Dr Jo Esra presents a review on Keith Pearce’s recently published book: The Jews of Cornwall. Read on to hear her thoughts.
Building on his previous work in the co-authored The Lost Jews of Cornwall (2000), Keith Pearce’s The Jews of Cornwall aims to provide a comprehensive history of Jewish individuals and communities in Cornwall from the 18th century up to 1913.
Pearce – the custodian of Penzance’s Jewish Cemetery for nearly twenty years – has certainly fulfilled this aim in his scrupulously researched and beautifully presented book.
This book is divided into three parts. Pearce begins with a much-needed, in-depth critical examination of the traditional narratives, evident in folkloric, linguistic and toponymic histories, which have contributed to a persistent and largely unsubstantiated link made between Jews and Cornwall within antiquity.
Pearce identifies it was from the 1740s that Jewish communities began to be established within Cornwall, and it is these known histories which are explored in the subsequent parts of the book in absorbing detail. The first chapter of Part Two gives a useful contextual overview, with subsequent chapters providing separate histories of Jews in Falmouth, Penzance, Truro and other Cornish towns with minor Jewish settlements.
These latter towns include, amongst others, Redruth, Camborne, Hayle and St Ives in West Cornwall; St Austell in mid-Cornwall; and Bude, Bodmin, Liskeard and Launceston in North Cornwall: again, demonstrating the depth and detail of Pearce’s research.
The final chapter in this part of the book provides an intriguing history of Cornish Jews as Freemasons, arguing that the significance of Freemasonry to the Jewish community was related to the struggle for acceptance in Gentile society, and created important socio-economic opportunities.
The third part of the book concentrates on religious life, with a chapter giving biographical and geographical details of the Rabbis within Cornwall, and another on congregational life, including the finances involved with the synagogues. Pearce also provides a chapter focusing on Jewish cemeteries in Cornwall, documenting all legible headstones and providing many photographs and translations of the inscriptions from Hebrew.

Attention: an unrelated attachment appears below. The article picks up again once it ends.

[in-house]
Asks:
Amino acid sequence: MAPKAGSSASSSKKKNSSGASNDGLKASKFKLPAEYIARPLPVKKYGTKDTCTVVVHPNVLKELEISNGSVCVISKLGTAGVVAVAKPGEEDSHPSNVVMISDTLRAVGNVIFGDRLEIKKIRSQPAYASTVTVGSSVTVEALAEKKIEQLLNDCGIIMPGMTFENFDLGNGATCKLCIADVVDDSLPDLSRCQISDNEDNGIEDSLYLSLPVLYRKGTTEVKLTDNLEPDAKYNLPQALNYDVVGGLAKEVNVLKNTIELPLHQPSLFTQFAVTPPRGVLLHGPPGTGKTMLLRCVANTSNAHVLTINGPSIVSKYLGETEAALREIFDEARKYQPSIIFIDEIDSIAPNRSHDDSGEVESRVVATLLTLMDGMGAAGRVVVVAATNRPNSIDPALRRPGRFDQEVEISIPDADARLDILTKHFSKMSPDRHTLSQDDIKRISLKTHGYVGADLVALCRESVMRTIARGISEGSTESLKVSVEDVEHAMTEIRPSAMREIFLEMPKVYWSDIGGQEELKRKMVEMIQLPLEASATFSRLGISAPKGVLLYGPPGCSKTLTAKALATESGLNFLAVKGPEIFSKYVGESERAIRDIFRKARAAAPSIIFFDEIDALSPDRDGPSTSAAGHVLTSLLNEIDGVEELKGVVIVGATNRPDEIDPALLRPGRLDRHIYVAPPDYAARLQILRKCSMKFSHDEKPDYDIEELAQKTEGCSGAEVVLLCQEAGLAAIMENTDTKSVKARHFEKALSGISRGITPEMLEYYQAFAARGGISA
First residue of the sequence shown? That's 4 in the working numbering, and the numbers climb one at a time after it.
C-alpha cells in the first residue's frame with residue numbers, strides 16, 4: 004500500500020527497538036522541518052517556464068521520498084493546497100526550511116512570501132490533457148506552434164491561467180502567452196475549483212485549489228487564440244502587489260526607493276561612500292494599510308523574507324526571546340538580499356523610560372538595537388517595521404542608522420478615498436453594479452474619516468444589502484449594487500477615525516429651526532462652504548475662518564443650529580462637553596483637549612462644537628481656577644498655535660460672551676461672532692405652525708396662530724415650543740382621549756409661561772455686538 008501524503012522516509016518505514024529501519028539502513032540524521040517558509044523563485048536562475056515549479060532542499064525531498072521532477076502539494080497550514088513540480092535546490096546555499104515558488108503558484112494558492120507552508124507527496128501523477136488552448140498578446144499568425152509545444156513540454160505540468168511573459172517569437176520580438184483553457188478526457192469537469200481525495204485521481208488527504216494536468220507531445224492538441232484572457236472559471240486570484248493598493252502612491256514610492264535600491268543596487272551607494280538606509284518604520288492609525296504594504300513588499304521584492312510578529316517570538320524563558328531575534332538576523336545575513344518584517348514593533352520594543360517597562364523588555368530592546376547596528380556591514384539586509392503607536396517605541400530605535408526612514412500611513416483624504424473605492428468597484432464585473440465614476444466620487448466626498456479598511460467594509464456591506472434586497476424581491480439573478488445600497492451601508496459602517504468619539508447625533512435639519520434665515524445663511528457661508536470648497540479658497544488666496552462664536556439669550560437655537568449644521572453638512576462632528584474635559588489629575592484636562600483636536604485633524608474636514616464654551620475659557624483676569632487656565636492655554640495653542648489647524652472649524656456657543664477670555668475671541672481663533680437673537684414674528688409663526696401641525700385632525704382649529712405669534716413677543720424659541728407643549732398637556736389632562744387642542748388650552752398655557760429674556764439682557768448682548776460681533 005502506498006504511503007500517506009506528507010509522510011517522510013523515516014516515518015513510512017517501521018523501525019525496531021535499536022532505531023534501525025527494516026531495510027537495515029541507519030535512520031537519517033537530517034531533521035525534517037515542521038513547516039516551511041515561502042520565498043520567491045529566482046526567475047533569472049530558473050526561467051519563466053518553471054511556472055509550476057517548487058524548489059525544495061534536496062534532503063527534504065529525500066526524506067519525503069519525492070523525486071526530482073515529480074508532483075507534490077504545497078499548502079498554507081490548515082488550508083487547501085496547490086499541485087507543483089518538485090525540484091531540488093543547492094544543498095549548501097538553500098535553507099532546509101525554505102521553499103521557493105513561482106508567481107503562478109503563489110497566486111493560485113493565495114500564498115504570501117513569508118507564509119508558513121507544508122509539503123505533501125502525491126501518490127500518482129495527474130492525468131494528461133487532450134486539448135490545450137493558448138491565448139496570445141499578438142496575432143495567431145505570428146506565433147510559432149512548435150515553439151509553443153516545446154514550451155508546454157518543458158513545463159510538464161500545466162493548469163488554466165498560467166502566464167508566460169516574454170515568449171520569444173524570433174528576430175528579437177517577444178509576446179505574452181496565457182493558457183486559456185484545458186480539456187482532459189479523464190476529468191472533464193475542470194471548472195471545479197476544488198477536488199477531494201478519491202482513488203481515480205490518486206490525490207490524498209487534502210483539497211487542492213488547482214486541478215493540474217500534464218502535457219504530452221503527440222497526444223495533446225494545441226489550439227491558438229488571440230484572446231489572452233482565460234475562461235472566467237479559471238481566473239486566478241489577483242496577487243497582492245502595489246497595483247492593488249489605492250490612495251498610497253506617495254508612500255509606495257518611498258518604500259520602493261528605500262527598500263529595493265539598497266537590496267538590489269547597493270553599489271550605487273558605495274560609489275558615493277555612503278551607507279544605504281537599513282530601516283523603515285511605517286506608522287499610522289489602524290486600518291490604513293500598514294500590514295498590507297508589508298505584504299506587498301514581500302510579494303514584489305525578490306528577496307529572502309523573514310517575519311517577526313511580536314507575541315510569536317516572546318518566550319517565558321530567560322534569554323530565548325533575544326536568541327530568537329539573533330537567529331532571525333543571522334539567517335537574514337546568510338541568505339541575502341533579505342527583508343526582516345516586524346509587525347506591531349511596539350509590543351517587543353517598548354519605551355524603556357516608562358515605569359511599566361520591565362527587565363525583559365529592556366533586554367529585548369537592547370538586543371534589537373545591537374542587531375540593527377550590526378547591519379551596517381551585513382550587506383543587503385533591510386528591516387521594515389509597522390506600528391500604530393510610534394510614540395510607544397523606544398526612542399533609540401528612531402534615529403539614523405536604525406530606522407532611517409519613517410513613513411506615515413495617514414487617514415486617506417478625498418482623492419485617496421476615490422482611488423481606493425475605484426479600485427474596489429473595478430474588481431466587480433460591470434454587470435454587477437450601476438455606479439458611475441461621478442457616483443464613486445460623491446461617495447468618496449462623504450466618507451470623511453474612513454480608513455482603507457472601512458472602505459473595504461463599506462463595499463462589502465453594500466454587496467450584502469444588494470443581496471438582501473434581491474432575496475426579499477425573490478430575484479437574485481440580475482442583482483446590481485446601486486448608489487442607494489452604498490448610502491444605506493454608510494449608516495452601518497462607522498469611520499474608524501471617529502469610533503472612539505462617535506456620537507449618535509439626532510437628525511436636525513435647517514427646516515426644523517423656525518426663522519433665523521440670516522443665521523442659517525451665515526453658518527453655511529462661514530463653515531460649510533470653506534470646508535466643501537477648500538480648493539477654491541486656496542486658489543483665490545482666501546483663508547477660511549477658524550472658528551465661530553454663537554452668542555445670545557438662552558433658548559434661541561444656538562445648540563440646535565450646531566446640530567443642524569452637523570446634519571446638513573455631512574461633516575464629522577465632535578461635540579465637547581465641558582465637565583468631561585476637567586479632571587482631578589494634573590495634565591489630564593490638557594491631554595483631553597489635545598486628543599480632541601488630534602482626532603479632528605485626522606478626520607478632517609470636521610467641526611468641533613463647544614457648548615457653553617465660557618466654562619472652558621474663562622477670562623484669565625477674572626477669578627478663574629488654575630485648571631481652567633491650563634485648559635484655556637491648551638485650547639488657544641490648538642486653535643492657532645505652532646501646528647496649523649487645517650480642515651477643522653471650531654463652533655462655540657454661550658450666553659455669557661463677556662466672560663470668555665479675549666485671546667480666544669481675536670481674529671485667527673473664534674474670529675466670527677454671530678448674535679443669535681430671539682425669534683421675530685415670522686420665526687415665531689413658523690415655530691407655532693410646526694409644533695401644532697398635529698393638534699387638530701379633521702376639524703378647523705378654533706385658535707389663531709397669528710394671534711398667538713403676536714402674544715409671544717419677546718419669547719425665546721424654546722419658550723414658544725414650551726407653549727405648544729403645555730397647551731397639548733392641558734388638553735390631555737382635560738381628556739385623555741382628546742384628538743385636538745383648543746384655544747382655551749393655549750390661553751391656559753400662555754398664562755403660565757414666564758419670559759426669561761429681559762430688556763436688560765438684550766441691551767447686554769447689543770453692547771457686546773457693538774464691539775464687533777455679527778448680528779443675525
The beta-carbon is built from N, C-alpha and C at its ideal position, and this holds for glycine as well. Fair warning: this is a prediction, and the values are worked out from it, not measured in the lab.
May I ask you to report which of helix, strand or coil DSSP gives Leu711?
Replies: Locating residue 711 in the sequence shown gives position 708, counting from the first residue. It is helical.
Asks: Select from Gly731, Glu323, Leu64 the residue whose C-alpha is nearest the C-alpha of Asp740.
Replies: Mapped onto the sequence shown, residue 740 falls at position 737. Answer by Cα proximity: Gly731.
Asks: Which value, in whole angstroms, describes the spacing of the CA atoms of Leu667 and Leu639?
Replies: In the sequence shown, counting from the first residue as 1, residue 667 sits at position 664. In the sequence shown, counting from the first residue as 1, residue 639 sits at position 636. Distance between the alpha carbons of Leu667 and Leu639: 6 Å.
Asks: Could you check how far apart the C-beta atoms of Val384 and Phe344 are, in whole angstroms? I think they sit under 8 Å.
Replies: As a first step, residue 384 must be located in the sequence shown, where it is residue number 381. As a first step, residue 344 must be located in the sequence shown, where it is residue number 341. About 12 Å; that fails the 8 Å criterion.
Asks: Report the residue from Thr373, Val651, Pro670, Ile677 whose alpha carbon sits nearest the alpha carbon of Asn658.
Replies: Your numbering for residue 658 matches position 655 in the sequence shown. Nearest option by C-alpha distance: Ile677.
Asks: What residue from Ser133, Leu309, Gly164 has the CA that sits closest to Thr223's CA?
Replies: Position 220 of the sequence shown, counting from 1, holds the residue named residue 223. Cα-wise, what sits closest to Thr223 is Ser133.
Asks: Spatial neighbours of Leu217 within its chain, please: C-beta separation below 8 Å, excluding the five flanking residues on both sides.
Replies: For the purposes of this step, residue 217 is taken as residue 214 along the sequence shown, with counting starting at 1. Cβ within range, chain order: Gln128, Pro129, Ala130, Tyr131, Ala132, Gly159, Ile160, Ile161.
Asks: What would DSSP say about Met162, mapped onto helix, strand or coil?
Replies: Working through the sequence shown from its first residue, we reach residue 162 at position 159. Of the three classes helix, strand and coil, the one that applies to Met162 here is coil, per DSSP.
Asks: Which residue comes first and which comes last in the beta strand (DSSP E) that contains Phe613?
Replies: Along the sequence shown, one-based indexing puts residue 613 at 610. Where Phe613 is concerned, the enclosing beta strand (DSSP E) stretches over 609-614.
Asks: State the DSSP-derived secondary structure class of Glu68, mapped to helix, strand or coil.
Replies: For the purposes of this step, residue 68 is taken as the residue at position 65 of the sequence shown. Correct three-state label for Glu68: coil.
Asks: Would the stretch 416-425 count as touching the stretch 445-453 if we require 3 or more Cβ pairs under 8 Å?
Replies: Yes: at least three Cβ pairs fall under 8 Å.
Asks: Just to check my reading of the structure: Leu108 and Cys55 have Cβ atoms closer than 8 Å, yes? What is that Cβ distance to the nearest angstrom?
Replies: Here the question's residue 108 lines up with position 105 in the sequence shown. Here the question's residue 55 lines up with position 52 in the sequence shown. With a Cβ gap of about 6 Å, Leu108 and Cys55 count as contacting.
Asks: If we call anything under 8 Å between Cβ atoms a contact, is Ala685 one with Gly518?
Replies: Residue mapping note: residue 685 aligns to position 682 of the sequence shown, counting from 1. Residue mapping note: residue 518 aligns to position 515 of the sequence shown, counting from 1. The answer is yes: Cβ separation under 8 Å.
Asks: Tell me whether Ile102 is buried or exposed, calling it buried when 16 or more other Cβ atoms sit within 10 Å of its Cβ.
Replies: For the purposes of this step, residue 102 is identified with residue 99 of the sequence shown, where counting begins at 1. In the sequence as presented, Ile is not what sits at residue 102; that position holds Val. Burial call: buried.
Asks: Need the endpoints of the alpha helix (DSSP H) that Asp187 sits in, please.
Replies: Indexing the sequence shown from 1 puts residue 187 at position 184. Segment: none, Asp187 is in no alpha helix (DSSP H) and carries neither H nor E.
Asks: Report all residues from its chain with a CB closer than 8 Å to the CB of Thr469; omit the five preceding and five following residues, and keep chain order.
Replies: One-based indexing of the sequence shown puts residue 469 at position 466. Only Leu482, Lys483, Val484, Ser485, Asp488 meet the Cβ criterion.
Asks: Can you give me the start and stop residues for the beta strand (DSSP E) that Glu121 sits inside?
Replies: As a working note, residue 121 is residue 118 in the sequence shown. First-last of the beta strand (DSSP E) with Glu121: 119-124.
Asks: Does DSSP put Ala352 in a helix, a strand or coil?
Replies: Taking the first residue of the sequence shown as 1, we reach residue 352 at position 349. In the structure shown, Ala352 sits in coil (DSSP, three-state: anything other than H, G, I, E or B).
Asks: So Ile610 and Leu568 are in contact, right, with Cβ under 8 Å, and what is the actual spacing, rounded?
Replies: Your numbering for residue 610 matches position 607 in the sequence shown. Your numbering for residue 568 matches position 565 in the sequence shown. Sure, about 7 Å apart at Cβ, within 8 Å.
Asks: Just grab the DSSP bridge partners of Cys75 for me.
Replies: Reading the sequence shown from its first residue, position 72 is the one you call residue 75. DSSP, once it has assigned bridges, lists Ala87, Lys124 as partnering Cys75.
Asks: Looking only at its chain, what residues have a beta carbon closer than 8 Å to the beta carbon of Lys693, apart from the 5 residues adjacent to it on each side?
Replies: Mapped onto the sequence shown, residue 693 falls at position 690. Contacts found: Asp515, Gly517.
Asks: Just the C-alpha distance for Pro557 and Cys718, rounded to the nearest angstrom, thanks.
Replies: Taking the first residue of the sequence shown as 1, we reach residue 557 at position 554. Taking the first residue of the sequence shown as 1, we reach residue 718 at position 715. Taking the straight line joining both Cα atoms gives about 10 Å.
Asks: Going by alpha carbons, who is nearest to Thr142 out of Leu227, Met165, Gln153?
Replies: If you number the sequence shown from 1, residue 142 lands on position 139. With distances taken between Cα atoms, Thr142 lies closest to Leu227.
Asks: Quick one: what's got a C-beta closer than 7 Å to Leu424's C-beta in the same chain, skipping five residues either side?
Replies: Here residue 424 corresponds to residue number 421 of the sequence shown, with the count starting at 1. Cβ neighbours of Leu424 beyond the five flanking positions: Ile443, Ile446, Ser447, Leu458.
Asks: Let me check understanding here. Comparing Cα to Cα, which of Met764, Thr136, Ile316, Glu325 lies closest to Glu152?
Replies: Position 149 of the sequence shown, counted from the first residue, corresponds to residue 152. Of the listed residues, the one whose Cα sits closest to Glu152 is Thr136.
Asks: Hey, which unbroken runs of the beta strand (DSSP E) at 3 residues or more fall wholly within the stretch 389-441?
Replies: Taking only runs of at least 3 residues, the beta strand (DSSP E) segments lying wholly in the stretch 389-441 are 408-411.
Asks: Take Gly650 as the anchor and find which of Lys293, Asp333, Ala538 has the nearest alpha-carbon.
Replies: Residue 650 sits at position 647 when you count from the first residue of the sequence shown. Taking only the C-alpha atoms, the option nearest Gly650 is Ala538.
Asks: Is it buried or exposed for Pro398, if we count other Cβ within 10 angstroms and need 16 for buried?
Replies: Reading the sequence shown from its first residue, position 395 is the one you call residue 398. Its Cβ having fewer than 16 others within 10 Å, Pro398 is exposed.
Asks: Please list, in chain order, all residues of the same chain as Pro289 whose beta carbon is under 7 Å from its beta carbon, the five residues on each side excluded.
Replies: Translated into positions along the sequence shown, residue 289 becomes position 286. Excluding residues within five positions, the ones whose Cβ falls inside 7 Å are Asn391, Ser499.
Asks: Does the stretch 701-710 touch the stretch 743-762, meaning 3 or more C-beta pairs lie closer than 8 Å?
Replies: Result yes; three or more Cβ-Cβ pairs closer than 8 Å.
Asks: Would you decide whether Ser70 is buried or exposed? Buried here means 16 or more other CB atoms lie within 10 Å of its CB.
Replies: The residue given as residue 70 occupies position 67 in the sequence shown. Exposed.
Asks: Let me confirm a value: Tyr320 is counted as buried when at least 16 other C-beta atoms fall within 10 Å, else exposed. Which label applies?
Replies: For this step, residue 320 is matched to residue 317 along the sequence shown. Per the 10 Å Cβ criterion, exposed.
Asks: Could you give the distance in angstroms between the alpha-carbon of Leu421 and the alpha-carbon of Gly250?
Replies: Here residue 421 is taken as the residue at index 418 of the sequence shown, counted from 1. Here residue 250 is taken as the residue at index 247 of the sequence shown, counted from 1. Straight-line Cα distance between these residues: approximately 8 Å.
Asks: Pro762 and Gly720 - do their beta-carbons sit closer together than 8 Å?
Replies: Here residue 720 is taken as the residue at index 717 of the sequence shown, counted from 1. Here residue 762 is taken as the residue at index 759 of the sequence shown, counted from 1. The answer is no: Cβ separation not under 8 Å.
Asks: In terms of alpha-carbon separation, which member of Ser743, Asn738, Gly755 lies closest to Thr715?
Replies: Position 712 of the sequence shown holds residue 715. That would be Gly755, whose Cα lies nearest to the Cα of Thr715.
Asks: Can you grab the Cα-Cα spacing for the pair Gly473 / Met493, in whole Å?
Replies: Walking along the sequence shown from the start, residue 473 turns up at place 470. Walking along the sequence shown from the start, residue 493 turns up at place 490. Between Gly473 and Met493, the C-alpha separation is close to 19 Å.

This book has emerged from a huge amount of archival research, and Pearce manages to give, in meticulous detail, the names, biographies, family and trade histories of all the individual Jews within Cornwall within the known records.
He draws on many overlooked or previously unavailable sources, some of which are reproduced as images within the book: newspaper reports, family photographs, advertising flyers, birth certificates, synagogue leases and plans, naturalisation documents and so on.
Indeed, this book is the product of three decades of research, and undoubtedly The Jews of Cornwall is a unique, significant and substantial contribution to localised histories of British Jewish communities, and enriches our understanding of the religious, cultural and social histories of Cornwall.
This painstakingly researched, important and accessible book is invaluable to those interested in or researching the fascinating histories of British-Jewish communities, and is essential reading for those who wish to gain insight into the vibrant and multifaceted history of Cornwall itself. Highly recommended.
A copy of this book review will also appear in the forthcoming issue of Cornish Studies.